The sunlight begins to shorten its duration and temperatures drop. The leaves become unhappy. “Where’s all that warm sun that we had last week?”, they ask. “Down south.” the elders reply, “in Florida and Puerto Rico.” This makes them angry. They bluster and huff and puff. They turn red and yellow and pale green. “So why are we hanging out (literally) here?” is the logical retort.

This is most obvious near the tops of the mountains and hills where it gets cold earliest in the season. Soon you see the angry leaf reactions all over those elevations. The discontent spreads down the mountainsides week by week. Soon the tops have turned all sorts of colors and are then empty of leaves that have packed up and headed to places like San Juan and Fort Meyers. An exodus of the remaining leaves ensues. As the bottom elevation leaves see the upper elevation leaves streaming past on their way to warmer climes, they too join the flow. It becomes a panic. The color streams down the mountains, into the valleys, and is soon gone.


All the leaves are gone. Many remain dead on the ground, trampled by the hordes fleeing the cold weather. Humans mistake these victims as the natural result of biology. They are just the poor fools who tried to carry too much stuff on the migration and were slowed by exhaustion. Look carefully under a dead leaf and you’ll probably find it was trying to haul a little leaf piano all the way to Orlando.

Those leaves that made it out are now hanging out (literally) on different trees in warm climates. Wearing native dress, they blend into the local flora with loud shirts, take advantage of early bird specials, and drive 20 mph under the speed limit.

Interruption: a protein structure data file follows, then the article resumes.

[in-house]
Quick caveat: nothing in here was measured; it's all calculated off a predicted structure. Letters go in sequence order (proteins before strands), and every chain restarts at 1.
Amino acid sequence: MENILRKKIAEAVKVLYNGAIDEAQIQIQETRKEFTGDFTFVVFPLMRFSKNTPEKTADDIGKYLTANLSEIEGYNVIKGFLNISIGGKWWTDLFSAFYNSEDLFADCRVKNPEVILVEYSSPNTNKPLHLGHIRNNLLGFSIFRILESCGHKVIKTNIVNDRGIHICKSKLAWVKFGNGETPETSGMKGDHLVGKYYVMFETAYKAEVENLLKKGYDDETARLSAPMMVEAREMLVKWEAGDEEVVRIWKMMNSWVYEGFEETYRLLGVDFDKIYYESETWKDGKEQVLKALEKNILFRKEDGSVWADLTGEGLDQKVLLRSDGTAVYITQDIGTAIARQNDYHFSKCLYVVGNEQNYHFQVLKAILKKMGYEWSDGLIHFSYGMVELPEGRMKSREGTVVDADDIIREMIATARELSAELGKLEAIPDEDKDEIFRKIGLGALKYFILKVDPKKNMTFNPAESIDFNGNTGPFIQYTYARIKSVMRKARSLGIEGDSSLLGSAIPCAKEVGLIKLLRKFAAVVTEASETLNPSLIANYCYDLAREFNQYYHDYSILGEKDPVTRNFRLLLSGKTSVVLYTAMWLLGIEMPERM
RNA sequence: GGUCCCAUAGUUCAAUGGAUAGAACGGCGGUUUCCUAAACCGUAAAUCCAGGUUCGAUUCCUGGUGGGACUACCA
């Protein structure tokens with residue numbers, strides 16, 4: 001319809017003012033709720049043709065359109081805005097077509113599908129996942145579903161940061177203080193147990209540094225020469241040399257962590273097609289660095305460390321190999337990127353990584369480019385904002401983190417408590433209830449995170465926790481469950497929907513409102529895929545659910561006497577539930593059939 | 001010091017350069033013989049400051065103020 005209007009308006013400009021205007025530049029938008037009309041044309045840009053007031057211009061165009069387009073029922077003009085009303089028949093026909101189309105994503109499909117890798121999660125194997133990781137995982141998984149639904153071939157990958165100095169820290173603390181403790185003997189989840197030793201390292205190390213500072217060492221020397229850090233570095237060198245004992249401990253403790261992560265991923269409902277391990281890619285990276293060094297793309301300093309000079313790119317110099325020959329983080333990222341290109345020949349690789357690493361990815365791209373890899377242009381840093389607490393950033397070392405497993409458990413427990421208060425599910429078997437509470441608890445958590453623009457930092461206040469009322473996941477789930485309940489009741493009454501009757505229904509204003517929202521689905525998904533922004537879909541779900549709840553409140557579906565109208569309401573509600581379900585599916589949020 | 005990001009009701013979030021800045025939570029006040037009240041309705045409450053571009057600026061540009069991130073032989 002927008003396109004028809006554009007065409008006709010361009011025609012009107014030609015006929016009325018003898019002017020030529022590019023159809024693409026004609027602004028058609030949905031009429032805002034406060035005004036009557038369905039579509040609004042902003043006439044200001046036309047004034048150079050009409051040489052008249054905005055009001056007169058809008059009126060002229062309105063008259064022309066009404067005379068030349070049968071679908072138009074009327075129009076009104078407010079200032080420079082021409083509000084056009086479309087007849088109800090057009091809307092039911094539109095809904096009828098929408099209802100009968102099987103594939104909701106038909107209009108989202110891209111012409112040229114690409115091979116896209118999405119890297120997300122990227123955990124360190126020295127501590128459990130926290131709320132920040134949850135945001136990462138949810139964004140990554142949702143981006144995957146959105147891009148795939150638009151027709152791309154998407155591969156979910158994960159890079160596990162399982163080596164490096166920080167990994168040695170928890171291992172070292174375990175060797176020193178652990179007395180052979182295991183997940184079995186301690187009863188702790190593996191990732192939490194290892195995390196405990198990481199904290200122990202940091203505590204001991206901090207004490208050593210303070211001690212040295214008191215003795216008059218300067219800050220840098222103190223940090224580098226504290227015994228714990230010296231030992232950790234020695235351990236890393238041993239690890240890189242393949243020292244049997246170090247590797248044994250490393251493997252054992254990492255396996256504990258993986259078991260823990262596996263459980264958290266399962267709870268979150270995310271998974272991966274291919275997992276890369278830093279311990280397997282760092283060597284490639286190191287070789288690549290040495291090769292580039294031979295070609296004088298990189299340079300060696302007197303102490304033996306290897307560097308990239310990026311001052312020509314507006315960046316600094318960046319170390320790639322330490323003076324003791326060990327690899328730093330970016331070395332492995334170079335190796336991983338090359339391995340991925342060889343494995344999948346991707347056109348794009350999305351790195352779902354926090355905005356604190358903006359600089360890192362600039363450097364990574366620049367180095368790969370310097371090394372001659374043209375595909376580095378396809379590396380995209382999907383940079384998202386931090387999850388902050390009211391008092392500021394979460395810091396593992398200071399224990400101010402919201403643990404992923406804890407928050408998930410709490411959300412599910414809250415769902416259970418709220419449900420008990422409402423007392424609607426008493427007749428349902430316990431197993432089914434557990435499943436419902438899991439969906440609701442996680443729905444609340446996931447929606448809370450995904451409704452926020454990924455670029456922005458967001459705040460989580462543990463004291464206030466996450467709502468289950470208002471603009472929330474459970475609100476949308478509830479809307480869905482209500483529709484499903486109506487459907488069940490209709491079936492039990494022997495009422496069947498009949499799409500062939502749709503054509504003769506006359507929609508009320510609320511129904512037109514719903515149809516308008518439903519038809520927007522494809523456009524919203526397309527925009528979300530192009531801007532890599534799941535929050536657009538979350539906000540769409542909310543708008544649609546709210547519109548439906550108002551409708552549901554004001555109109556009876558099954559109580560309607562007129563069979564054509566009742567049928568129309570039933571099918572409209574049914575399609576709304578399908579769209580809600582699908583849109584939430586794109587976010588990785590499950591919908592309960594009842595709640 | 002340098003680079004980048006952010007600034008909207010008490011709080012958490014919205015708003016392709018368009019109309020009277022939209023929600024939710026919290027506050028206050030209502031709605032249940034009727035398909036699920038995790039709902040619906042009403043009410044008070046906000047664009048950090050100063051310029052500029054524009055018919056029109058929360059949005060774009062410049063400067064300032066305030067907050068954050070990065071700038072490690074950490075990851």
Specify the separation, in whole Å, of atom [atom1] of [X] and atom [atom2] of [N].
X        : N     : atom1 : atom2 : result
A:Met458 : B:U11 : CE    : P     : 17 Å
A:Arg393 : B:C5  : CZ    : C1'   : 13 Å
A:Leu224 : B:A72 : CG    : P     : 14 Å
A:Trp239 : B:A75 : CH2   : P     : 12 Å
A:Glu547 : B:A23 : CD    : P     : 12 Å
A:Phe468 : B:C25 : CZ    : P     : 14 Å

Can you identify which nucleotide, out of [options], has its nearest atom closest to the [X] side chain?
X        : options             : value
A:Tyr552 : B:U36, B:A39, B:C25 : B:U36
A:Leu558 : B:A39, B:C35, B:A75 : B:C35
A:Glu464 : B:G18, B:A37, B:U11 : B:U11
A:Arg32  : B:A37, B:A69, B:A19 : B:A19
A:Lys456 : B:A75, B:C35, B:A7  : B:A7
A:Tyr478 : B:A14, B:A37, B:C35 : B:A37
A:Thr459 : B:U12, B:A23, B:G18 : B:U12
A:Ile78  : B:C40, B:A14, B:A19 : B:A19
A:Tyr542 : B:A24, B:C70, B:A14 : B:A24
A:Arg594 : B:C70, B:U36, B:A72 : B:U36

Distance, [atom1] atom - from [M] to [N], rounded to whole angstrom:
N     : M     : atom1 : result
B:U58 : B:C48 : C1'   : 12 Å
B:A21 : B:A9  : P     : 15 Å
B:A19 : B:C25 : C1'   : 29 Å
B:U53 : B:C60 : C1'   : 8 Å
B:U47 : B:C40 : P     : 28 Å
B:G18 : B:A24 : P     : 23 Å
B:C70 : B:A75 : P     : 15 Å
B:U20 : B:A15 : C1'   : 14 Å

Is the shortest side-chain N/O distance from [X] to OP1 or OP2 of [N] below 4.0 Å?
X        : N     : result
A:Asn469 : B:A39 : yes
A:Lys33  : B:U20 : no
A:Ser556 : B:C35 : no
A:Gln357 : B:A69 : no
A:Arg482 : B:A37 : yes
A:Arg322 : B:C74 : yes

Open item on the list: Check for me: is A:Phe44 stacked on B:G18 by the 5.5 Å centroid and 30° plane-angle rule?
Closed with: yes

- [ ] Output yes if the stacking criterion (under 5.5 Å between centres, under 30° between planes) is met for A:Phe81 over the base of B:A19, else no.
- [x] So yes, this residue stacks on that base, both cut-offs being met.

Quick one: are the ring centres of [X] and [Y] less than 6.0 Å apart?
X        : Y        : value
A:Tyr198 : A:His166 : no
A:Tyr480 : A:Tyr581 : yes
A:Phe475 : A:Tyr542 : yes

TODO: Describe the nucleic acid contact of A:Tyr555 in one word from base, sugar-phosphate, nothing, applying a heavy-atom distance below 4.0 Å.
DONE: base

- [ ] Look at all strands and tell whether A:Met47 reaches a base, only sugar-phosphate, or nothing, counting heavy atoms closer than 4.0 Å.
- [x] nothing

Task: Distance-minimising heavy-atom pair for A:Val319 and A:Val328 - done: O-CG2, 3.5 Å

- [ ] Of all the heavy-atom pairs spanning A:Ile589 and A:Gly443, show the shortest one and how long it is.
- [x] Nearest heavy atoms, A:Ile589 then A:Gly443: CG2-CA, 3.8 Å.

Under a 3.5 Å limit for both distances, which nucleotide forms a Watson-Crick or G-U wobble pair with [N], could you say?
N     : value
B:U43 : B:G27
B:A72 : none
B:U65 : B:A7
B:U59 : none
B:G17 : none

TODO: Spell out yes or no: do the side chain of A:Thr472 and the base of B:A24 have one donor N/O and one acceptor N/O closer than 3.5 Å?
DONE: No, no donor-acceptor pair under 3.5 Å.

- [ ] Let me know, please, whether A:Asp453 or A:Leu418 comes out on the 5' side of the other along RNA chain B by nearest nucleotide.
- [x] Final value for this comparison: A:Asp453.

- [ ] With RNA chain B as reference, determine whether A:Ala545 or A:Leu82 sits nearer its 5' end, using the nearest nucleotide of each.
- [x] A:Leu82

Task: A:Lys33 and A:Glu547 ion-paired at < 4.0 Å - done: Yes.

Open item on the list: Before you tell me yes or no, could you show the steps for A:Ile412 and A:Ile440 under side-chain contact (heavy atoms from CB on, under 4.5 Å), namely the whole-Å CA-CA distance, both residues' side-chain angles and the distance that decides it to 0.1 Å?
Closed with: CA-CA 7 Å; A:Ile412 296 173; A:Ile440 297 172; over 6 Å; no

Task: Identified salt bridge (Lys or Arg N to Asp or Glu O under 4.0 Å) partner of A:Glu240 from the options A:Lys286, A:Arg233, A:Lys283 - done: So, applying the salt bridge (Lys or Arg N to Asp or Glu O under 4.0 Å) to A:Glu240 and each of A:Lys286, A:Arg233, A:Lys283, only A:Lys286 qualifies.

The temperature begins to rise to uncomfortable levels. The 70s and 80s nudge into the 90s. The leaves become unhappy again. “I thought that this was supposed to be warm sun, not sweltering! Where is all that nice weather we were having a few weeks ago?” they grouse. “Back home in Vermont.” the elders roll their eyes and reply. This makes them frustrated. They didn’t migrate two to three thousand miles just to turn around and go back again in a few months. They bluster and huff and puff. They turn red and yellow and pale green. “I guess we’re through hanging out (literally) down here!” they declare.

Soon you can see the migrants arriving back in the Vermont valleys. The reds climb back into their favorite trees. The yellows ascend theirs. The pale greens rise into whatever is left. Once the early migrants have assembled and gotten comfortable there is no room for new arrivals. “You’ll have to find a tree up on the mountain.” they tell the newbies. “But it’s colder up there!” is the complaint. “Don’t worry,” they answer, “by the time you get there it will be warmer.”

So the red, yellows and pale greens in the valley settle in, start producing chlorophyll, and turn dark green. The newbies trudge ever higher up the mountainside, painting it with various hues until established and green themselves. By the beginning of June the Green Mountains are once again living up to their name.


Soon it is summer and the leaves are happily hanging out (literally) on their respective trees. The chlorophyll is pumping and all is right with the world - for now